The Man Who Feels No Pain (India 2018)

Rating: **
Review Date: 7/7/19
Action Director: Eric Jacobus
Fight Coordinator: Dennis Ruel
Cast: Abhimanyu Dasani, Radhika Madan

Surya (Abhimanyu Dasani) is a boy who was born with congenital insensitivity to pain. His unique condition and odd behavior make him a natural target for bullies, but his friend Supri (Radhika Madan) is there to protect him. Surya's dream is to become a superhero and catch muggers like the one who killed his mother, so he spends all of his free time learning martial arts by watching old kung fu movies. Unfortunately, a dangerous stunt ends up nearly killing Supri's father and Surya's family is forced to move away. Many years later, Surya continues to chase his dream by becoming a student of Karate Man, a legendary one-legged fighter who defeated one hundred men in a row. However, Karate Man has fallen on hard times, and it's up to Surya to help him defeat his evil brother, Jimmy. As fate would have it, Surya reunites with Supri, who also turns out to be one of Karate Man's students.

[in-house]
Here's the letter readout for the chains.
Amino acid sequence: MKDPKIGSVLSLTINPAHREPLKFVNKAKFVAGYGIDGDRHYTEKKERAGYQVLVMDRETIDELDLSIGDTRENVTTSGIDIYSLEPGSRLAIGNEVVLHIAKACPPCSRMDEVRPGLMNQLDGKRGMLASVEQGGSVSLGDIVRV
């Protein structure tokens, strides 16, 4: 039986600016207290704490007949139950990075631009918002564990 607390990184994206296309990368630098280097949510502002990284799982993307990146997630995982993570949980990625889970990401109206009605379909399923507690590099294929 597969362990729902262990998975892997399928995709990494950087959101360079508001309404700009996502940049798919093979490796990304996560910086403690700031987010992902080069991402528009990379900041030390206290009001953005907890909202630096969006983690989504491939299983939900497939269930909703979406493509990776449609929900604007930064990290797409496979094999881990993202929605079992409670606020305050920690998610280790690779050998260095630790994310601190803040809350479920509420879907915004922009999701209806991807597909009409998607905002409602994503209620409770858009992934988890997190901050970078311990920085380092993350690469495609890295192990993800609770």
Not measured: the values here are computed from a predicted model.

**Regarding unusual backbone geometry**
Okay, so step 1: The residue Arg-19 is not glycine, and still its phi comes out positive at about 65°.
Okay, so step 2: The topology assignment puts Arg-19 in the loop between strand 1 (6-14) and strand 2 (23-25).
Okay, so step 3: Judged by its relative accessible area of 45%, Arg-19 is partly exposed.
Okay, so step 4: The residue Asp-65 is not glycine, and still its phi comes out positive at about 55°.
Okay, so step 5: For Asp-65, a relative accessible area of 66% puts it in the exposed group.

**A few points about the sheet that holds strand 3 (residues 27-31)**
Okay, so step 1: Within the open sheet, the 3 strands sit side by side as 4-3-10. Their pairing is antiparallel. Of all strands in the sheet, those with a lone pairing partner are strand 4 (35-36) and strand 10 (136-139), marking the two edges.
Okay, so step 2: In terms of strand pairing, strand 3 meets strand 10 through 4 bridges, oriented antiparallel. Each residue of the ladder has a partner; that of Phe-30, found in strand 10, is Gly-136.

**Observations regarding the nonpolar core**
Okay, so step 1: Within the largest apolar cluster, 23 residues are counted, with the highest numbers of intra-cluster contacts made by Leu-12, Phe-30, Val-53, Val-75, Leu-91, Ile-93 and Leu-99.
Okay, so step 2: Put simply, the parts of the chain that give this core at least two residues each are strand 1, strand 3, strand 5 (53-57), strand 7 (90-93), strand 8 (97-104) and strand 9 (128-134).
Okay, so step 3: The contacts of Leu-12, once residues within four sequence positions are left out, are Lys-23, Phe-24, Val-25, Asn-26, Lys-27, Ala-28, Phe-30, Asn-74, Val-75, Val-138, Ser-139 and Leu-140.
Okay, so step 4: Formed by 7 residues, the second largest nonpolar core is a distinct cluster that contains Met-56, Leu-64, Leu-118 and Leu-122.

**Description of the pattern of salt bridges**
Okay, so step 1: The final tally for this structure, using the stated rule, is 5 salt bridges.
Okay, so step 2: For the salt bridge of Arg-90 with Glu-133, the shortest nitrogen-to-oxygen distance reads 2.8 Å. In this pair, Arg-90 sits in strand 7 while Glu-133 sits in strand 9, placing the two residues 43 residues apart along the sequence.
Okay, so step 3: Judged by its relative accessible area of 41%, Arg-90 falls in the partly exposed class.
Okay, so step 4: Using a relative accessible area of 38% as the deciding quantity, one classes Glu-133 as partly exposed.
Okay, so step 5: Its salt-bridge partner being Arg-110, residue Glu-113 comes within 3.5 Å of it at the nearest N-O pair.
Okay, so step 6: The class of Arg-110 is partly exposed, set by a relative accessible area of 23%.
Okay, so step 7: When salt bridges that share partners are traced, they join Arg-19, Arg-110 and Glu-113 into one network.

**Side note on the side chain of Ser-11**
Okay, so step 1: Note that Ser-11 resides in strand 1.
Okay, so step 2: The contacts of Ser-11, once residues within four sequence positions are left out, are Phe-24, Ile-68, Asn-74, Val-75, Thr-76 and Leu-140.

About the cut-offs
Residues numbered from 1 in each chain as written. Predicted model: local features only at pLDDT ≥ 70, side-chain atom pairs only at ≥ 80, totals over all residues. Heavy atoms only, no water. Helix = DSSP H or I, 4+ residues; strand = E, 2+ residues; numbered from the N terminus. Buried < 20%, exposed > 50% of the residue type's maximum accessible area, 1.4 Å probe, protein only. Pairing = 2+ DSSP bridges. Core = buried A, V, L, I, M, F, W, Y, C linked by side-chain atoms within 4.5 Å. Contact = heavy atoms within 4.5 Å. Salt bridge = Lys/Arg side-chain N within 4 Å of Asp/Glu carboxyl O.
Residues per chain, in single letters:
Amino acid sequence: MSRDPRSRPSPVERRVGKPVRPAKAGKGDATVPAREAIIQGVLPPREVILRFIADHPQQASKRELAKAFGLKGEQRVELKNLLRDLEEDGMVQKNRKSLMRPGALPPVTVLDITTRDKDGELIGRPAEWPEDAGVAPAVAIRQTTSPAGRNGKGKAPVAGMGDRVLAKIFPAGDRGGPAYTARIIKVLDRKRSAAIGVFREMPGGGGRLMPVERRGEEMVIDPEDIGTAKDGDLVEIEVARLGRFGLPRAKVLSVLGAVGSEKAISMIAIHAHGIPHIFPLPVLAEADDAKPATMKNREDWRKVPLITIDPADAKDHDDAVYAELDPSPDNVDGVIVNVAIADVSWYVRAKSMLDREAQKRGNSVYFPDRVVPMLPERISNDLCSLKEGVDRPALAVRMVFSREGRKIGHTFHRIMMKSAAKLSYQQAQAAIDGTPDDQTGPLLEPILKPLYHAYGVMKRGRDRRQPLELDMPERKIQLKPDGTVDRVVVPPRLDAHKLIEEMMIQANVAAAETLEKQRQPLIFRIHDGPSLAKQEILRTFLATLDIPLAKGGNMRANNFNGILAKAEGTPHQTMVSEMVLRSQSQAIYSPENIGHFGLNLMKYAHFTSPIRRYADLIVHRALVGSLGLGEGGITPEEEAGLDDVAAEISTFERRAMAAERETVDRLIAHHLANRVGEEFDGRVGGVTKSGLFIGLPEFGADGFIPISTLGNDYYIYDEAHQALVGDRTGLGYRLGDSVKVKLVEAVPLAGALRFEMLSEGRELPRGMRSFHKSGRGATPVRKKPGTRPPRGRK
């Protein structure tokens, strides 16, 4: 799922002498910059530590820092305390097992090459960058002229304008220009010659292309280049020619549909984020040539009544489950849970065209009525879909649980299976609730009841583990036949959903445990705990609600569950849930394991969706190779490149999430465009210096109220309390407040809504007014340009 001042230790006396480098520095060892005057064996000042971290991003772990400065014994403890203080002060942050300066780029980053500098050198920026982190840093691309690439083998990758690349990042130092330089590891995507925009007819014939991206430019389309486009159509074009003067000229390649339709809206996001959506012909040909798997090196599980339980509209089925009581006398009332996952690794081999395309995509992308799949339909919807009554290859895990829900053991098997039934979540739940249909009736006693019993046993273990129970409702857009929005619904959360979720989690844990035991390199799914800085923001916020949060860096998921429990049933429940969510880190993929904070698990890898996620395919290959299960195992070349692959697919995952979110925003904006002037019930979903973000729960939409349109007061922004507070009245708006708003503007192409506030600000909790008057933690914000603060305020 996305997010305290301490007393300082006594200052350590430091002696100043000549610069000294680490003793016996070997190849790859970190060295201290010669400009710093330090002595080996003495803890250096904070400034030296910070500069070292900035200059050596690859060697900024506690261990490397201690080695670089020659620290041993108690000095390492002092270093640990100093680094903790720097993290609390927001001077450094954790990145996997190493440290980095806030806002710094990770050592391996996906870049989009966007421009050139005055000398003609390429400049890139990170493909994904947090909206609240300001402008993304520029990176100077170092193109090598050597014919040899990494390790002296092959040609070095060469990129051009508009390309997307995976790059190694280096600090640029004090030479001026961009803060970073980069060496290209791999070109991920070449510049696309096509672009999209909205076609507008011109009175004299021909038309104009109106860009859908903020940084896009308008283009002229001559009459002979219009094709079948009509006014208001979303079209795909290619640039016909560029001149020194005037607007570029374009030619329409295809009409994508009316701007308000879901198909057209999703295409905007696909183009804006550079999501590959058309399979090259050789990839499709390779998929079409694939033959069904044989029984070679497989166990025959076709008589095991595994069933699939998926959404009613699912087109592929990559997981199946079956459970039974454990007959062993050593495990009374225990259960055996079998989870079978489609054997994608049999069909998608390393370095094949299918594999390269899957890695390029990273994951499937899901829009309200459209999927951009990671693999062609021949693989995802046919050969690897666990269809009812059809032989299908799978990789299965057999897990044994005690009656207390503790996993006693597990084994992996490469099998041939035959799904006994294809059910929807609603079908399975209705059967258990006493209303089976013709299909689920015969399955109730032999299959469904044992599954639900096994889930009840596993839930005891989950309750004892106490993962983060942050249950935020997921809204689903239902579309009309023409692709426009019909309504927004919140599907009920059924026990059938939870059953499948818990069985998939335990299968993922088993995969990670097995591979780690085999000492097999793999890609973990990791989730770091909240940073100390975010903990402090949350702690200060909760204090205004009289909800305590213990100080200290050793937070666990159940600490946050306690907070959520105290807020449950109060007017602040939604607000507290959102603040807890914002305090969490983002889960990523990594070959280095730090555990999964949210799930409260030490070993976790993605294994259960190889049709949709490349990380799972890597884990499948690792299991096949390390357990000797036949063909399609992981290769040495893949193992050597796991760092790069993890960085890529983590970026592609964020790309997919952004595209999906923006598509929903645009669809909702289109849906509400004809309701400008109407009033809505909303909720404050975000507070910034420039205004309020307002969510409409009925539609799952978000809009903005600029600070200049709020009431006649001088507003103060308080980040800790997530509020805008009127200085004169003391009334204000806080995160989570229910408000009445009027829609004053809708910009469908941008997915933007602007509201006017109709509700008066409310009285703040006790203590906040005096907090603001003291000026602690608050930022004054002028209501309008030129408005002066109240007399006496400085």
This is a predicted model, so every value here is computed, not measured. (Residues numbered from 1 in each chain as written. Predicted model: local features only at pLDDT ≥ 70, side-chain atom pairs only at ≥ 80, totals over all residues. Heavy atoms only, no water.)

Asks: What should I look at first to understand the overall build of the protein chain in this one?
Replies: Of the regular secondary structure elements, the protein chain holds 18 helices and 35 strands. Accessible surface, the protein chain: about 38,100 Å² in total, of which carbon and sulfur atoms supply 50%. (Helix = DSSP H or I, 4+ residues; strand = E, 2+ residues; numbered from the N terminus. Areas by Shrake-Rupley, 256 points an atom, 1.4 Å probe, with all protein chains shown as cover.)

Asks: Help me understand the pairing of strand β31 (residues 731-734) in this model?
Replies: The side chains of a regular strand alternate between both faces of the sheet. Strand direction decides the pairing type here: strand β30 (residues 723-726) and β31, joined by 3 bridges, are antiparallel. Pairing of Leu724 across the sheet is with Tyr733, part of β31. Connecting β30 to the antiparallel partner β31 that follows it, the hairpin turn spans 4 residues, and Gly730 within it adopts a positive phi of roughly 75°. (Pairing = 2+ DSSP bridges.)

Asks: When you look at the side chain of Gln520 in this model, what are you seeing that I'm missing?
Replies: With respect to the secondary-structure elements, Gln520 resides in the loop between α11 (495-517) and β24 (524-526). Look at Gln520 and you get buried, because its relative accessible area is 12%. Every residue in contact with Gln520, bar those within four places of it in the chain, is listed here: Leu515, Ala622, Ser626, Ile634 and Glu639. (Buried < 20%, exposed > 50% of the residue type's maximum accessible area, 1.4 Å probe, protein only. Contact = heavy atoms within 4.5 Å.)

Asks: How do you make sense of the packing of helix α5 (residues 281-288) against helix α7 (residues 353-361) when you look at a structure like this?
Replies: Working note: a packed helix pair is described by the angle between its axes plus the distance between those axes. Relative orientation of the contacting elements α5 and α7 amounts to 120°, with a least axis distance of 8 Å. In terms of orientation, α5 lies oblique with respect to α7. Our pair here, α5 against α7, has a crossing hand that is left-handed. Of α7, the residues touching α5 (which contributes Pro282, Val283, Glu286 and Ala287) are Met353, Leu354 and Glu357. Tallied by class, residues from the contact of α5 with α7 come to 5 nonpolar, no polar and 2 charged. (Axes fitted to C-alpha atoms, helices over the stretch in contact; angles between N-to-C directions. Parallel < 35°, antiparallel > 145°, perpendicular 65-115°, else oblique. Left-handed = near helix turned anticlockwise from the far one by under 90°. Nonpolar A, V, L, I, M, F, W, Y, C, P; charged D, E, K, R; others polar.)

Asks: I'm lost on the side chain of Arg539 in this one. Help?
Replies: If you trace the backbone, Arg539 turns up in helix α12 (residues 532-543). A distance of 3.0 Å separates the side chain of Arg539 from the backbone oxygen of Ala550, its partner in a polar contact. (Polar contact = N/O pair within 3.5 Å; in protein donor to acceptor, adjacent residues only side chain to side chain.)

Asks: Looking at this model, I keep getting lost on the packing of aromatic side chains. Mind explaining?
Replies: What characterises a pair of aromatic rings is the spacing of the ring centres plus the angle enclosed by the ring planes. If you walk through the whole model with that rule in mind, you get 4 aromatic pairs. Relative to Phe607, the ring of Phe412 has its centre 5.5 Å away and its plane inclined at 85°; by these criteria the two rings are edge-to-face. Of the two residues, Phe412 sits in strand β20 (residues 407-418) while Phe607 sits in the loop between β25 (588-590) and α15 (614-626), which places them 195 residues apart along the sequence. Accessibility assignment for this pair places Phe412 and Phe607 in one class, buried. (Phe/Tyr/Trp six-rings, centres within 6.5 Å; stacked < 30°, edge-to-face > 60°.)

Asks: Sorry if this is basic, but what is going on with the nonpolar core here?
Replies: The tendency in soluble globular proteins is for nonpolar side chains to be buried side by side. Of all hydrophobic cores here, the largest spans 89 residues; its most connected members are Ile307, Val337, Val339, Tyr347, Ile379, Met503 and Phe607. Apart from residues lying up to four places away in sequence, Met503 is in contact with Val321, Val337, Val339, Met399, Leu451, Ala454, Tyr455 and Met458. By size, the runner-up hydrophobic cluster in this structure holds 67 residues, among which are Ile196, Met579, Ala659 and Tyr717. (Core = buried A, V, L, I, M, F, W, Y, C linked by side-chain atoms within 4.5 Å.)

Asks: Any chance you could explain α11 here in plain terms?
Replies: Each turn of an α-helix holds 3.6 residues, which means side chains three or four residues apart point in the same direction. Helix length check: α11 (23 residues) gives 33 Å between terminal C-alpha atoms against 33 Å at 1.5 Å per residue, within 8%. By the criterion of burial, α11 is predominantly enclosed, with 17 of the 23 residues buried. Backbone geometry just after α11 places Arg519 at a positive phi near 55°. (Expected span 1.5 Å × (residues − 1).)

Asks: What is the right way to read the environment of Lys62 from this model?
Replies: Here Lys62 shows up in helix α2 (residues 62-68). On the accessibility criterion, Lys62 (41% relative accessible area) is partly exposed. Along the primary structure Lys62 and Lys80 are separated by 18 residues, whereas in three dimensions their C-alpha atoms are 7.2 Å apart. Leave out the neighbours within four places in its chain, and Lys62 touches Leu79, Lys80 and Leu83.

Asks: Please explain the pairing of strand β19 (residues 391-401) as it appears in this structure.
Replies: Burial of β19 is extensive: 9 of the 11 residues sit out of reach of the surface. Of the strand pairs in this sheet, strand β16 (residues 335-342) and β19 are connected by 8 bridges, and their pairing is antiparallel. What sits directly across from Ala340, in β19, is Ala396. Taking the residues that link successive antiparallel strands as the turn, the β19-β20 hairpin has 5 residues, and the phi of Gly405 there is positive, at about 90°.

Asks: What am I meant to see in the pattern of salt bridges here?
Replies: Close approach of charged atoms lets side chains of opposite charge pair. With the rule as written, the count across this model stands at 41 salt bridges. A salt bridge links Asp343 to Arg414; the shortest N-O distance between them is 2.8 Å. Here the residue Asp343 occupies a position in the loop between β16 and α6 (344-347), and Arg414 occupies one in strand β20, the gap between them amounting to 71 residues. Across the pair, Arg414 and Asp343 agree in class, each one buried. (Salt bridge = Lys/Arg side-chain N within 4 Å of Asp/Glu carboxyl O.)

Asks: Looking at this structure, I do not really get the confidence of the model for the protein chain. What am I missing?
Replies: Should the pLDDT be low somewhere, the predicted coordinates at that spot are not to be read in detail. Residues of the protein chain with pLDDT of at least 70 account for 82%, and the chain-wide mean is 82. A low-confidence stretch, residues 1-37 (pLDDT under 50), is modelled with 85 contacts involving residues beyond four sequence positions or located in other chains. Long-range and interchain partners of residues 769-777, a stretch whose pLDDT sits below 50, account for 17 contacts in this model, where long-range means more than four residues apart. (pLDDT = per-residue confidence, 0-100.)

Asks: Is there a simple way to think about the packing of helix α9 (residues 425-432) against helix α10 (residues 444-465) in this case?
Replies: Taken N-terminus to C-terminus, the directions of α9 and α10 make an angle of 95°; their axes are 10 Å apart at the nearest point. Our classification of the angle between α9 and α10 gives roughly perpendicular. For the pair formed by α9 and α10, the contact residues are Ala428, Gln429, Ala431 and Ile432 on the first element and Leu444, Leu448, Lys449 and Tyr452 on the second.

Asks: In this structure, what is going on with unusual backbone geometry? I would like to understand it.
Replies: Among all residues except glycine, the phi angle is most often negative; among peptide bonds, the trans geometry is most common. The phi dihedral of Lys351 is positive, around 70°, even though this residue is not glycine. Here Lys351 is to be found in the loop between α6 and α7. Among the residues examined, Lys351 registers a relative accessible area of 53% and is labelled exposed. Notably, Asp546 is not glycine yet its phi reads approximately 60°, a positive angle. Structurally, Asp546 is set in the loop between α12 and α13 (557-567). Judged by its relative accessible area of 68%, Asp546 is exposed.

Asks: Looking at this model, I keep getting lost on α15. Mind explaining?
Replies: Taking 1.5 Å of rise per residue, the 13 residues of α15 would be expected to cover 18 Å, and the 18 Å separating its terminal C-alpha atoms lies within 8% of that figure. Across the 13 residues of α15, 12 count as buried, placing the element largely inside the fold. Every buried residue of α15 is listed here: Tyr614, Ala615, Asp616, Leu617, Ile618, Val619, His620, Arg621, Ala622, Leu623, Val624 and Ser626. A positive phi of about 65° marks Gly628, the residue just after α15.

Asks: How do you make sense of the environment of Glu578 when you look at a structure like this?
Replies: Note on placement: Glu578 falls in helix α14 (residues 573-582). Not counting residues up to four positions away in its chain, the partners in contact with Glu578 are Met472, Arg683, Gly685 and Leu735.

This is the first Indian martial arts movie I've seen, so I have nothing to compare it to. I primarily tracked it down because Eric Jacobus and Dennis Ruel worked on the action choreography and direction, and I'm a fan of their work. That said, the action is nicely grounded, staged well, and executed with technical precision and flair. The cinematography is great, but it seems like nearly half of the film was shot in slow motion. I don't know if this is typical of Indian cinema or not, but it becomes a huge distraction after a while. It's a good trick to have in your cinematic toolbox, as long as you don't abuse and overuse it. Newcomer Abhimanyu Dasani is a charming, attractive, and charismatic lead, and does a wonderful job of capturing Surya's quirkiness. Unfortunately, Surya is an unreliable narrator and the film falls victim to its own unrelenting silliness. It also suffers from pacing issues, and way too much time is spent in childhood flashbacks. Not being familiar with Indian cinema, I can't say if this type of humor and presentation is common or not, and I definitely felt culturally stranded while watching it. If nothing else, the action scenes are fun to watch, and action is an international language.